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Determining Critical Vegetation Conditions in the Macquaire Marshes Using an Eco-Hydraulic Approach

Author(s): Steven G. Sandi, Jose F. Rodiguez, Patricia Saco, Li Wen, Neil Saintilan

Linked Author(s): José Rodríguez

Keywords: Macquarie Marshes, vegetation dynamics, critical plant conditions, fractional coverage

Abstract: The Macquarie Marshes is a freshwater system located in the lowland floodplain of the Macquarie River, in NSW, Australia. As water flow enters the system, water is distributed to a number of swamps and lagoons via a network of anabranching channels. The marshes house unique plant communities that serve as a sanctuary for many species of migratory waterbirds, fisheries and other types fauna. In the past decades, a significant deterioration in plant communities has been observed due to a reduction of the input discharges to the marshes for industrial, agricultural and domestic usage. In recent years, there has been a slow recovery of some areas of the site which has been accomplished by delivering controlled environmental flows from an upstream dam. However, computational tools are required in order to provide a better assessment of watering strategies. In this publication we analyze the evolution of six vegetation patches by implementing a combination of green fractional cover and minimum inundation over a series of 23 years. We simulate floods by implementing a quasi-2D hydrodynamic model over a rectangular cell grid and combine the results. This approach allowed to determine critical watering conditions leading to a transition from understory wetland vegetation (Common Reed and Water Couch) to terrestrial species as well as minimum inundation required to trigger a recovery. Our approach also revealed that watering thresholds for understory species may be used as an indicator of critical conditions for River Red Gum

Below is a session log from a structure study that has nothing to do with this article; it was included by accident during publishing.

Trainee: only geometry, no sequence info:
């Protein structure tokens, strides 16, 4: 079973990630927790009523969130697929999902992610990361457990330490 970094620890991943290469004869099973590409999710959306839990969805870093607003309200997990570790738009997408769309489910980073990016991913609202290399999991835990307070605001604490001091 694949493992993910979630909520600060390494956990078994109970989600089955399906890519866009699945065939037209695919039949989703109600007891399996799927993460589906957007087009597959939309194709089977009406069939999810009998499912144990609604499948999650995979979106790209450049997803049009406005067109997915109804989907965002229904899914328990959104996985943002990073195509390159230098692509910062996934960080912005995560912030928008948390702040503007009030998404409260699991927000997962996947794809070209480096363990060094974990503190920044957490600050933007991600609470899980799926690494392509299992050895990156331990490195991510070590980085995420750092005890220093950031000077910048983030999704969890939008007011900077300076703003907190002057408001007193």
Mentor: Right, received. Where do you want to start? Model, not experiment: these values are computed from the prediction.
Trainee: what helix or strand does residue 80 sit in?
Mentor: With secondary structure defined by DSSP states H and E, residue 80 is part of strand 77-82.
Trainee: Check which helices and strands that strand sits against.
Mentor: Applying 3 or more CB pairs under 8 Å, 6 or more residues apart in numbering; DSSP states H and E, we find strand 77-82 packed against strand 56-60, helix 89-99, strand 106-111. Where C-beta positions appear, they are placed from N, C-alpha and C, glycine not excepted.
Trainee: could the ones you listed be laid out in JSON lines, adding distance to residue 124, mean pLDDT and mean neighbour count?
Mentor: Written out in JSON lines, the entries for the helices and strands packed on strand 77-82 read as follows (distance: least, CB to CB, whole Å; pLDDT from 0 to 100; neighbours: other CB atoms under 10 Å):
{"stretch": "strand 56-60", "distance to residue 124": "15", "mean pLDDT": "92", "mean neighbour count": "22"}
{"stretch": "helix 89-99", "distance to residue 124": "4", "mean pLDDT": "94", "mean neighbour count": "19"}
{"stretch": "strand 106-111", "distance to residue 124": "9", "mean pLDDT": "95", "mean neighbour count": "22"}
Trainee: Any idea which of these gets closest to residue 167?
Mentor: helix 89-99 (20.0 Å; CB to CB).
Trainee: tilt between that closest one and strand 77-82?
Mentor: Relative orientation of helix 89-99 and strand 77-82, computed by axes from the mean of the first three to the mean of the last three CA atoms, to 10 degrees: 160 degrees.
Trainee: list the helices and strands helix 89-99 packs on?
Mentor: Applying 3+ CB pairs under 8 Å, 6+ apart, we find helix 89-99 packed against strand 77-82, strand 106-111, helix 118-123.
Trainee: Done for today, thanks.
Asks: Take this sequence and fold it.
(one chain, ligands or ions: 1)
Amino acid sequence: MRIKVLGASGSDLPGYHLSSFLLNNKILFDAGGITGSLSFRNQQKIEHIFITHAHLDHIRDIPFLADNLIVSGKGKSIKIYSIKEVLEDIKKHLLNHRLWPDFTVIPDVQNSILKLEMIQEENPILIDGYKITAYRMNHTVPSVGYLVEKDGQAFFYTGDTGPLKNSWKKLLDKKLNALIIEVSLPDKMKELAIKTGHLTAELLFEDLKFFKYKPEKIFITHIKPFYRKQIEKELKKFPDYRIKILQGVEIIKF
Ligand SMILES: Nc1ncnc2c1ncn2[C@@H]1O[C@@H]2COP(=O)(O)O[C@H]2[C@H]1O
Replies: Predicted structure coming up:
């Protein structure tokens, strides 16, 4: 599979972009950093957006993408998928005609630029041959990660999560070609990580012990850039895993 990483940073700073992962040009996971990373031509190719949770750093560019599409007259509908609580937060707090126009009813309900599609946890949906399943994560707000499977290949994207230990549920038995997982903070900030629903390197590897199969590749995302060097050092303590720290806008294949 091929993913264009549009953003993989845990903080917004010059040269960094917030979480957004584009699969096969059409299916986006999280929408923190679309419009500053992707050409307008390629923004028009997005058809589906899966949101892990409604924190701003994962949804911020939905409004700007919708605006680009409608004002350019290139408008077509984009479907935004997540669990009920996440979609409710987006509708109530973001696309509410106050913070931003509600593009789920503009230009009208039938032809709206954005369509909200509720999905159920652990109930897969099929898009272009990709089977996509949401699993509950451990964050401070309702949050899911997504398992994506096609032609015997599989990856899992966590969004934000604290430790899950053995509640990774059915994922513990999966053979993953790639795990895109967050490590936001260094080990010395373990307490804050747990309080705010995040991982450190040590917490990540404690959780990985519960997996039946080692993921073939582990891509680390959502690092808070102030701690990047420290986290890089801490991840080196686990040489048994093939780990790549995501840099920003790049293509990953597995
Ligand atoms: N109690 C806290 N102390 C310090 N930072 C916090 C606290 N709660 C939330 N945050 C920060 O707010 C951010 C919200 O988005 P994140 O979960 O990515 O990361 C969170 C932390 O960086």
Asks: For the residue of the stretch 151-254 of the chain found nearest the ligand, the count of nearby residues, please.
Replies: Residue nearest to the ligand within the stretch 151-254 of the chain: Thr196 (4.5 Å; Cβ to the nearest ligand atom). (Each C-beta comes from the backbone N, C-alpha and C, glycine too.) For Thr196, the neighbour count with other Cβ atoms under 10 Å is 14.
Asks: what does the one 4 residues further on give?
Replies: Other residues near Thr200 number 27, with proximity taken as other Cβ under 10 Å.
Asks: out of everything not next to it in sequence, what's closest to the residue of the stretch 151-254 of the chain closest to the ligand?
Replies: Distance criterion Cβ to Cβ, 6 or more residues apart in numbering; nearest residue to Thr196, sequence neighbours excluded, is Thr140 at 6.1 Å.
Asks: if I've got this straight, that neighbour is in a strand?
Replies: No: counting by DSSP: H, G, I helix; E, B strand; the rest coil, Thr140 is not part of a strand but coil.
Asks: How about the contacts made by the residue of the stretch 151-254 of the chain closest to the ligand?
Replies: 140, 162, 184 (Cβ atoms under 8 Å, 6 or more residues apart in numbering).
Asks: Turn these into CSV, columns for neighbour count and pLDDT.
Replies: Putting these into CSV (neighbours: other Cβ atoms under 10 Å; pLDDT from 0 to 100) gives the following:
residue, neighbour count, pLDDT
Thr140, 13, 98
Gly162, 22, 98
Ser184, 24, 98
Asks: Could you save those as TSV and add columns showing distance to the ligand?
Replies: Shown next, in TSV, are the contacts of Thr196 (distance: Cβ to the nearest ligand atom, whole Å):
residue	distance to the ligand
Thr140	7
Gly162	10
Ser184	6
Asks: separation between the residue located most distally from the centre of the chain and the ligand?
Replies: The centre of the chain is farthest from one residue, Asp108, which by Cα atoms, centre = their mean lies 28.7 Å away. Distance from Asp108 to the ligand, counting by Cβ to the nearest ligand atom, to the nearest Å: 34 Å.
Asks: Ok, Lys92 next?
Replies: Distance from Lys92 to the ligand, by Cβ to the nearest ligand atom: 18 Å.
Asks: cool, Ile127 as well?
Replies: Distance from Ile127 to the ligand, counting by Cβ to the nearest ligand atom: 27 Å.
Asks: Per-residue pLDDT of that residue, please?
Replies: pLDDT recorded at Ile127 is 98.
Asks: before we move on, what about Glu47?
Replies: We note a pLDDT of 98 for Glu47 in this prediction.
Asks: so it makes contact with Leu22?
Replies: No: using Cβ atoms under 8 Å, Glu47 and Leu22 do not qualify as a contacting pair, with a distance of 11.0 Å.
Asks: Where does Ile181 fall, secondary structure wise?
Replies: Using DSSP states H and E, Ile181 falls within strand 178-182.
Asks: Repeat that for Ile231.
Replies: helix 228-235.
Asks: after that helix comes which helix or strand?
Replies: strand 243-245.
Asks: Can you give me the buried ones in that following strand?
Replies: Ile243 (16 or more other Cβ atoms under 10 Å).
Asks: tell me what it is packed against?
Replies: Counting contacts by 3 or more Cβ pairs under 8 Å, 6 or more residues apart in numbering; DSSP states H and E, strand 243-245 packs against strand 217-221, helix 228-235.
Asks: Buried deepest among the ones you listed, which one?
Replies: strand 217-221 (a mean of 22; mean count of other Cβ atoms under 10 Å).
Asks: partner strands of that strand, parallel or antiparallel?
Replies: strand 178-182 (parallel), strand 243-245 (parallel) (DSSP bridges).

Year: 2017

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